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A middle aged woman enters the riding arena with what looks like a rag doll draped over her forearms. Her face has the furrowed brow of melancholy, but her tone is hopeful when she speaks to me. “Esta es mi hija Mili (this is my daughter Mili),” she says, handing over the little bundle like an offering. As I draw Mili into my arms, my legs wrapped tightly around the barrel of the horse beneath us, I realize she is indeed a tiny human, living and breathing the same as myself. With this exchange comes a mountain of responsibility; rising to the occasion is mandatory.
I place my hand beneath Mili’s chin to prevent her head from falling forward (her neck muscles lack the strength to do so on their own). Her eyes, big and brown with a rim of thick lashes, roll back in their sockets and she meets my gaze. I look long and hard while doing my best to murmur the encouraging phrases taught by the equine therapy specialist. Then Mili grunts. Our horse trips slightly on a rock and she grunts again, louder this time, a foreign, guttural noise. Her appearance and mannerisms are unlike any child’s I’ve seen before. Her arms are brittle and shriveled, reminding me of a T-Rex’s. Holding her to my chest, I’m shocked to feel bones through her clothes.
Mili exposed me to existence in its most rudimentary form. Before arriving at the project site in Argentina, I’d envisioned myself working in a Horseboy-type scenario. I imagined autism, maybe Down syndrome, but the thought of working with children even more severely disabled never occurred to me. In the U.S. a mother handing over her special-needs child to a non-professional volunteer would be rare; we Americans are far less trusting.
Perplexing questions about humanity filled my head after that first interaction. Surviving and living, synonyms in the English dictionary, take on very different meanings in this context. Mili’s life revolves around merely meeting basic survival needs, in contrast to the complexity of my own. She presented a type of rawness unfamiliar to me. I was shocked by my reaction. As a babysitter of seven years, I know that children bring me joy. But Mili took me by surprise. She made me question: does seeing people different than me make me uncomfortable because it forces me to acknowledge my privileges? Gender, racial, and economic privilege are all thoroughly discussed topics, but able privilege is something altogether different and seldom recognized. Being thrown into a situation that blatantly revealed the profound extent of my privilege placed a new lens of appreciation on my perception of the world. Millions of able bodies are thrashed by sports, shamed for their imperfections, or denied care by their owners. The body is seen as an indestructible machine. We often forget that access to a functioning machine, however, is not a God-given right. An able body is a blessing.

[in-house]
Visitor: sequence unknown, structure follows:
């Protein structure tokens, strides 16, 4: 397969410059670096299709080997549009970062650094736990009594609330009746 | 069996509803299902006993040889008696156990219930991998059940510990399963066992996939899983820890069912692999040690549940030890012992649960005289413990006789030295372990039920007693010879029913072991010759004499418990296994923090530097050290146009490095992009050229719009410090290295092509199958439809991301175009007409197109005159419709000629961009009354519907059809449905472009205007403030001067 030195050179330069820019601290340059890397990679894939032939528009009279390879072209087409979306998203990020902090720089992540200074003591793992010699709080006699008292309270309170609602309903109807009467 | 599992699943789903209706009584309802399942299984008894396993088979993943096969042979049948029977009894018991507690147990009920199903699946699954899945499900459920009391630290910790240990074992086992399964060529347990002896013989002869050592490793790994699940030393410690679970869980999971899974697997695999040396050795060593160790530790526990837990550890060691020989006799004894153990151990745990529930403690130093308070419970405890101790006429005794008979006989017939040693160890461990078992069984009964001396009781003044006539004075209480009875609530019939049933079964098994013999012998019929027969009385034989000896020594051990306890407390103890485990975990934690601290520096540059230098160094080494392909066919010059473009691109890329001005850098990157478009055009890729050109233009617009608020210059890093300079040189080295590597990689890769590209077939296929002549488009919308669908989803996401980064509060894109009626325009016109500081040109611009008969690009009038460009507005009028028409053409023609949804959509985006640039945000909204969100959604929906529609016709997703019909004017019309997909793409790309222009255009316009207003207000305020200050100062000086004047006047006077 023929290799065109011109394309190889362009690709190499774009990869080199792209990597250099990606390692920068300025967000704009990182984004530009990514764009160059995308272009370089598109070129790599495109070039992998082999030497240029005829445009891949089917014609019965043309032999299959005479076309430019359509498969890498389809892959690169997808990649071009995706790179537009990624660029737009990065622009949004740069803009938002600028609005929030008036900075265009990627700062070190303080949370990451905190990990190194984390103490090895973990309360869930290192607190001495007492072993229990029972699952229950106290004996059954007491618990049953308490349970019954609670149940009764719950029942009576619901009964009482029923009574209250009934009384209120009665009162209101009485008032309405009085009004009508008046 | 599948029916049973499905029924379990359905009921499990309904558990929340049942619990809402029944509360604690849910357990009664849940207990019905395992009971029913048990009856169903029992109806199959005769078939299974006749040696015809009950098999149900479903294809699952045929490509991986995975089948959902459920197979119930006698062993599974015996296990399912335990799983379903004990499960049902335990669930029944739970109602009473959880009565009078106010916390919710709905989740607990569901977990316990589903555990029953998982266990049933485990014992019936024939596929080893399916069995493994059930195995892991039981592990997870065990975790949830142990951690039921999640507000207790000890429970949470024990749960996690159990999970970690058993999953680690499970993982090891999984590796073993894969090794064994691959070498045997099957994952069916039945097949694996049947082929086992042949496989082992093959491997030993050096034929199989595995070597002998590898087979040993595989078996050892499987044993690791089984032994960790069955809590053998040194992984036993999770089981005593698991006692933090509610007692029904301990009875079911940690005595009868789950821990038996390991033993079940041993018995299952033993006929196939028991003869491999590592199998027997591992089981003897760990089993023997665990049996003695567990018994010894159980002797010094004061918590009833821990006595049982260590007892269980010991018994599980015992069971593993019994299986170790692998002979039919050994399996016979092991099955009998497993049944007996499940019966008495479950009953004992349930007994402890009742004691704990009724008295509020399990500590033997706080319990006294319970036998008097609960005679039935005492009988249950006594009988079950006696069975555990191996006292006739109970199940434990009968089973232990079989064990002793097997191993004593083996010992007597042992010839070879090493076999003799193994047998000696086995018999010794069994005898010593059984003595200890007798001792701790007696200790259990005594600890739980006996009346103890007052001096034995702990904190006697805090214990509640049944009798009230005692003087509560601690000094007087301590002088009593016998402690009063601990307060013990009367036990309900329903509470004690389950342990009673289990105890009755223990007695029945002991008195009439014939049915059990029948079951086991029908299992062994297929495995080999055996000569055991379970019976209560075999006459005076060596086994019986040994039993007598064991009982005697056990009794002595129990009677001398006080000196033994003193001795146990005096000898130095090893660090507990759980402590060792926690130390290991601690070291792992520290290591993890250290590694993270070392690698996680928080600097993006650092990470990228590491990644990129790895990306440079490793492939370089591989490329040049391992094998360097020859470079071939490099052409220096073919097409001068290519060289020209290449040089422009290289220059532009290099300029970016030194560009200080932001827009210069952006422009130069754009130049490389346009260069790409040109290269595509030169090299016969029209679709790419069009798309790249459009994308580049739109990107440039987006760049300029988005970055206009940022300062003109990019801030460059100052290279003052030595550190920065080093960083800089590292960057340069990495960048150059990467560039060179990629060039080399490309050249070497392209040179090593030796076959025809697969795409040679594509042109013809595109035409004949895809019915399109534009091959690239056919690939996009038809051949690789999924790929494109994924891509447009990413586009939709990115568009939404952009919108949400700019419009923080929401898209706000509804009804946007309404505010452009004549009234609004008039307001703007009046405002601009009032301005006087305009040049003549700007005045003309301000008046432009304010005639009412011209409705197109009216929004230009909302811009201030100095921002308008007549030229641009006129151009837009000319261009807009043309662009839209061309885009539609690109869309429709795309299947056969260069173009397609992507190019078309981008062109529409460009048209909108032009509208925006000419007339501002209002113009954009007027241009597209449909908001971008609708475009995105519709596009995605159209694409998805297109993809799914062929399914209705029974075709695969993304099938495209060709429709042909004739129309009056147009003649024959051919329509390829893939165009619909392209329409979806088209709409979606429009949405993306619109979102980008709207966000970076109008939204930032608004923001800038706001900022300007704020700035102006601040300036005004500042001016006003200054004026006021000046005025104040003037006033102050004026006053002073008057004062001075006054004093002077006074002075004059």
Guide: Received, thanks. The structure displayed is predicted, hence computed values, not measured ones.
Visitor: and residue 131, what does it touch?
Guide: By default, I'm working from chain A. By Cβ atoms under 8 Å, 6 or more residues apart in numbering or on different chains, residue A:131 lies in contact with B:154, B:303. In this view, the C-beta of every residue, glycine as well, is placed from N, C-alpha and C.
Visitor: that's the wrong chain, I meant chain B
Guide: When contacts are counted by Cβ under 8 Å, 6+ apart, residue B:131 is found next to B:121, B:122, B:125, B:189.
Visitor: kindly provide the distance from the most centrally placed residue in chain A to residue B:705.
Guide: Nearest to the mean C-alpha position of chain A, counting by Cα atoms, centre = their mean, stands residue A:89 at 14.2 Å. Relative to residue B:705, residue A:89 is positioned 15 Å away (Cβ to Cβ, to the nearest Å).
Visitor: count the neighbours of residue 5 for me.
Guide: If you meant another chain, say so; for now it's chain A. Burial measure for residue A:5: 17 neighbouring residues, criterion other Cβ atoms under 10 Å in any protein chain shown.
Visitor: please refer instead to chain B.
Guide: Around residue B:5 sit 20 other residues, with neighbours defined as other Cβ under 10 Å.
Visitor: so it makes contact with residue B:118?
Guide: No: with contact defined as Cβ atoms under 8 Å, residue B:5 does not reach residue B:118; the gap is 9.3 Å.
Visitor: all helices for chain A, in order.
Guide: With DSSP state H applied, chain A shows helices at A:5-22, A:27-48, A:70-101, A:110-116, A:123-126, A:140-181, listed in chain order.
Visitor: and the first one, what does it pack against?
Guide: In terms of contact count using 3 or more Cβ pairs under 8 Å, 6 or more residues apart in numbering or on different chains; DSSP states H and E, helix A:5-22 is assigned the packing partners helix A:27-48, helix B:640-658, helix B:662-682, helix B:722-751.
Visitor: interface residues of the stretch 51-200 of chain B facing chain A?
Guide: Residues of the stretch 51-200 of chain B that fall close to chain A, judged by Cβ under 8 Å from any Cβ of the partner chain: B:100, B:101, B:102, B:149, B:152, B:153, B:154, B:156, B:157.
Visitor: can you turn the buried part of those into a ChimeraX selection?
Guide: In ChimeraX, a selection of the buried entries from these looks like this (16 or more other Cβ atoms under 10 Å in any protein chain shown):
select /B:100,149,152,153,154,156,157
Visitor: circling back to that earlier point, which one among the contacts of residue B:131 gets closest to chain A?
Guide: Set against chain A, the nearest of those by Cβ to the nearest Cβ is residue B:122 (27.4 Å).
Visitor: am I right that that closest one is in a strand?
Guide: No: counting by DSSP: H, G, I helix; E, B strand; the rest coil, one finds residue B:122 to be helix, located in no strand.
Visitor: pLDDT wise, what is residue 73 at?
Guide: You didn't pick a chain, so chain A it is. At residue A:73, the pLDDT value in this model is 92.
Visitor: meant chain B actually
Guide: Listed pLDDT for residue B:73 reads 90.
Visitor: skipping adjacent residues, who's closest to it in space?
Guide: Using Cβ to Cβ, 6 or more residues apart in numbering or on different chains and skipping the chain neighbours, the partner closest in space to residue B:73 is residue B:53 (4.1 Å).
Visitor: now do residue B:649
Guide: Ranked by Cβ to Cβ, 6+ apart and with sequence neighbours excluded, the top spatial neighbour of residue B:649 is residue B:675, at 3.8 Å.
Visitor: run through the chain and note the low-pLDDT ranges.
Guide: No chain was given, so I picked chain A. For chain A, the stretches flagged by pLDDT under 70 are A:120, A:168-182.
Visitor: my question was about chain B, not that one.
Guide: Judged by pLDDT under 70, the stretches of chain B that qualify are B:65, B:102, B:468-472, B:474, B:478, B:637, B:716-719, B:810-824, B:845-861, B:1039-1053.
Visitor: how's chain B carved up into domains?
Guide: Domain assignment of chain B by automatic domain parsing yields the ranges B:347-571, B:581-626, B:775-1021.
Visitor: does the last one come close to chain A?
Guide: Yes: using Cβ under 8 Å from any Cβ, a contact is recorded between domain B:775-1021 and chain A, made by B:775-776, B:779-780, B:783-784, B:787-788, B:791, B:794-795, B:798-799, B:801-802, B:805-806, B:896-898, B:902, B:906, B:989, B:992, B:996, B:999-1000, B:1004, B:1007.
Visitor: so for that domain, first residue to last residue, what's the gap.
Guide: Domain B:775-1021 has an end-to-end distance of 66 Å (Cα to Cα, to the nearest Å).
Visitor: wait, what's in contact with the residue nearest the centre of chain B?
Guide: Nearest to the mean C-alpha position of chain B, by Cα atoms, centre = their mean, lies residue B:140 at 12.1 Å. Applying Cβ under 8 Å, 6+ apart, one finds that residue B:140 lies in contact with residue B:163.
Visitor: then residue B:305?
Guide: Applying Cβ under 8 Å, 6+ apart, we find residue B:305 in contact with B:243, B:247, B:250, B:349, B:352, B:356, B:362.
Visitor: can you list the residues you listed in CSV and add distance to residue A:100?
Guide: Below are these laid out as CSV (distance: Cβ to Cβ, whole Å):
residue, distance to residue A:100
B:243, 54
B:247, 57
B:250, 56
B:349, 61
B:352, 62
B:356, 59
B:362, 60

My project at the equine therapy barn was not a teen program. I’d chosen to surround myself with older volunteers and was expected to act like one. Working alongside such passionate, grounded people from five different countries inspired me to find those qualities in myself. I believe that what distinguishes child from adult is not age, but maturity of thought. A mature perspective sees beyond surface value and invests time and energy into understanding things for all that they are. To give Mili the love she deserved, I had to disregard our circumstantial differences, embrace our common humanity, and meet her as an equal. To notice not her frail exterior, but the soul it housed. Her fight for life had perhaps forged a spirit far stronger than my own.
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